Along the narrow country lane, rolling waves of autumn color covered the hills. I was cutting through bluff country on my way from the National Eagle Center, in Wabasha, to Whitewater State Park, in Altura, about 30 miles apart. But I didn’t take the straightest route. It was autumn, after all, and the sun was shining.
I wish I could recall the exact route so you — or I — could replicate it. The best I can offer, though, is this advice: Fill your gas tank, turn off your navigational devices and don’t be afraid to get lost in the woods when fall blazes across the land. If a dirt road looks appealing, take it. It’s the back roads that lend a trip its adventure. Where will you land? What unexpected beauty will you find?
My trip in bluff country roughly traced the path of the Whitewater River. While it flowed toward the Mississippi, I headed against the current. I passed ponds sprouting cattails, farm fields whose golden stubs suggested a season of rest, and the town of Elba, where a fire tower is one of 10 National Historic Outlooks in Minnesota and is its own worthy autumn stop for its views from the top.
The North Shore
On the drive up Scenic Hwy. 61, along Minnesota’s North Shore, Lake Superior commands much of the attention, its dark blue waters shining between towering evergreens. But turn off the iconic roadway onto dirt roads that climb away from the great lake, and you’ll quickly be engulfed in hardwoods, the kind that turn brilliant red in autumn. Chances are good that you’ll happen upon the Superior Hiking Trail. That 310-mile footpath runs from south of Duluth to the Canadian border roughly following Superior’s shoreline. Many trailheads, noted by small gravel parking lots, are tucked off a number of those dirt roads from Duluth on up. If you see one during your back-roads wanders, stop. There’s no better place to crunch freshly fallen leaves than on a hiking path.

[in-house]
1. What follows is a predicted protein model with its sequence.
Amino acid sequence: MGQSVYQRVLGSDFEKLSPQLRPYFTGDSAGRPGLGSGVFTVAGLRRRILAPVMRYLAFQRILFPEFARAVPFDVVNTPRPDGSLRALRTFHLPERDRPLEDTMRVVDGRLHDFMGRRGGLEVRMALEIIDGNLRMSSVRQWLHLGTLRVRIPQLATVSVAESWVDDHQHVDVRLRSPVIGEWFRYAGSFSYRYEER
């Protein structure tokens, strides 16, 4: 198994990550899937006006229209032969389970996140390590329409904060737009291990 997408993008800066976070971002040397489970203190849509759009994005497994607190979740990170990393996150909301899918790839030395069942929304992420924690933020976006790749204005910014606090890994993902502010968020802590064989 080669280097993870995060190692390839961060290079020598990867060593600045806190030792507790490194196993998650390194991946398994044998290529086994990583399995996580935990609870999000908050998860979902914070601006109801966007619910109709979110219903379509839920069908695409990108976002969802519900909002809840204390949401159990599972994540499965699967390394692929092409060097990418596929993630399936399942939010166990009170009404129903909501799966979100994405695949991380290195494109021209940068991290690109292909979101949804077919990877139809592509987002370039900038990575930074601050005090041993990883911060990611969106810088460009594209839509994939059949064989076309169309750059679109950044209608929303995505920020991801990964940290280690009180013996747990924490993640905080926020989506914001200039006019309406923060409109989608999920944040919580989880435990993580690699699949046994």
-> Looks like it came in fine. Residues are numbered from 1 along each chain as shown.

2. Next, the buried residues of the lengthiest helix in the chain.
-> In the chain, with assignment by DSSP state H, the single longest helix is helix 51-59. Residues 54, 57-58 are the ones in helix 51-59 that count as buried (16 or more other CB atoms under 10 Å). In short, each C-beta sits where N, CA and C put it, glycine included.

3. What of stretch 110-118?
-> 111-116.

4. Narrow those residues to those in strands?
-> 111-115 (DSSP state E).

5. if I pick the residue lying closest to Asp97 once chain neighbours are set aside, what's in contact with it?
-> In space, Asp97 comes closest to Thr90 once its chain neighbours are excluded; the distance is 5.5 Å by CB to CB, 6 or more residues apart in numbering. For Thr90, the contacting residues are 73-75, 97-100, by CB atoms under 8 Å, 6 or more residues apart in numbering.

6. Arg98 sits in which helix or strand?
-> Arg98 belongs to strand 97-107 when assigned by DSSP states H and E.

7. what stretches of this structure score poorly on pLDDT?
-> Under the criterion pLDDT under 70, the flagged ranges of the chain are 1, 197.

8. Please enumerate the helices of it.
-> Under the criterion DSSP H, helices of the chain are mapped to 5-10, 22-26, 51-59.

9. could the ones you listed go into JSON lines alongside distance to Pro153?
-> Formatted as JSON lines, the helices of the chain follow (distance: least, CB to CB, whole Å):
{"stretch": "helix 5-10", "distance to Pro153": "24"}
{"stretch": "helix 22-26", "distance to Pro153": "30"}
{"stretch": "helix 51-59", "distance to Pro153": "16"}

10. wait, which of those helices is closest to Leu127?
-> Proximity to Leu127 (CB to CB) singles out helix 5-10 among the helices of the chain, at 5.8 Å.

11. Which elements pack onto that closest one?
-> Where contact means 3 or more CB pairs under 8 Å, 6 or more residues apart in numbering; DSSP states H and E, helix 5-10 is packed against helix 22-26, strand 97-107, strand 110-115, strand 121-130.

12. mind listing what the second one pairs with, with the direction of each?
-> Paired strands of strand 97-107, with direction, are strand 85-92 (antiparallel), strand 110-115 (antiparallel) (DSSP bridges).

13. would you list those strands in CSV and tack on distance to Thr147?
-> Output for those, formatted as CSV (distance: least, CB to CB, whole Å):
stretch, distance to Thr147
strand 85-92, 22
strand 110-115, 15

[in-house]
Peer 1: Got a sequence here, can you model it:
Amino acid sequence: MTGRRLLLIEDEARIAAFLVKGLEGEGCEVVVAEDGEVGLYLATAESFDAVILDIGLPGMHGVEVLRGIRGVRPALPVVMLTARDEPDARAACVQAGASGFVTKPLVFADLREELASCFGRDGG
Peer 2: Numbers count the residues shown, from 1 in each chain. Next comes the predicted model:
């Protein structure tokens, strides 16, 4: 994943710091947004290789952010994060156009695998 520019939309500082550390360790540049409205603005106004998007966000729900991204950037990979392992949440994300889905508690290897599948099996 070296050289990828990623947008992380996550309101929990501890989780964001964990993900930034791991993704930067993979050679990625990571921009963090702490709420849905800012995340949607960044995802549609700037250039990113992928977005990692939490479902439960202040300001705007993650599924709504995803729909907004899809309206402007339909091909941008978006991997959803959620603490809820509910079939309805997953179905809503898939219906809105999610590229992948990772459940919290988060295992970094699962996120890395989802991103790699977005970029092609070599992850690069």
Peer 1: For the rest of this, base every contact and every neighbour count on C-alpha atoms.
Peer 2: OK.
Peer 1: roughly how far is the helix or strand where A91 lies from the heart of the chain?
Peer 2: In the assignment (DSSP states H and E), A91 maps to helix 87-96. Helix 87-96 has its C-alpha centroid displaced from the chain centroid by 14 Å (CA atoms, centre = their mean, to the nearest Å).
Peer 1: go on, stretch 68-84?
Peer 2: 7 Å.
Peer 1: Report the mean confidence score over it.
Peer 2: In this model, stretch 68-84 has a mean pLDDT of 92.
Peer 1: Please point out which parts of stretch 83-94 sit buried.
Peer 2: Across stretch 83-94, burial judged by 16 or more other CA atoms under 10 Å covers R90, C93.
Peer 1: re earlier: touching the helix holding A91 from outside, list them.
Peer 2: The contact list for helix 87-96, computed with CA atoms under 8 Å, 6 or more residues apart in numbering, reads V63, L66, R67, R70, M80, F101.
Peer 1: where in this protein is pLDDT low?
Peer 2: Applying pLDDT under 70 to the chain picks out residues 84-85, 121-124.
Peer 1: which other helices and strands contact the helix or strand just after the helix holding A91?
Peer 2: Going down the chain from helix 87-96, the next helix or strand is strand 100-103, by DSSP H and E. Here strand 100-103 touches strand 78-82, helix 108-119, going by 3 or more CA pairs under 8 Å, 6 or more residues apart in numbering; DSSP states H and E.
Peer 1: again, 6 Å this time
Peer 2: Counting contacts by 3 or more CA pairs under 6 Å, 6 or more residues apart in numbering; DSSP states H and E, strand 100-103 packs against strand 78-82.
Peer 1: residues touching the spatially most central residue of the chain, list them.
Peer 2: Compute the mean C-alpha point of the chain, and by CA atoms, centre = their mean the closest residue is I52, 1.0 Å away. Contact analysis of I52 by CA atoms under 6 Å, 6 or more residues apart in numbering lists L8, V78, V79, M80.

Where to stay: Grand Marais is a classic overnight stop, with its art galleries, the five-and-dime and World’s Best Donuts, which is open through Oct. 19. Cobblestone Cove Villas overlook the town’s harbor (cobblestonecove.com). East Bay Suites looks out onto a bay (eastbaysuites.com). Hip newcomer the Mayhew Inn has a rooftop patio (themayhewinn.com), and just outside of town, the Hungry Hippie Farm and Hostel offers private rooms on a farm with sweeping views (hungryhippiehostel.com).
Don’t miss: Along Hwy. 61, Gooseberry Falls grabs much of the attention, perhaps because it is the first of eight state parks tucked along the highway. Of course, its spectacular and accessible falls likely have much to do with its appeal, too. But farther up the road, beyond Grand Marais, Judge C.R. Magney State Park (open through Oct. 20) gets my vote for best fall hike. A park trail leads to Devil’s Kettle Falls, where swirling waters plunge into the earth to reappear downstream.
Minnesota River Valley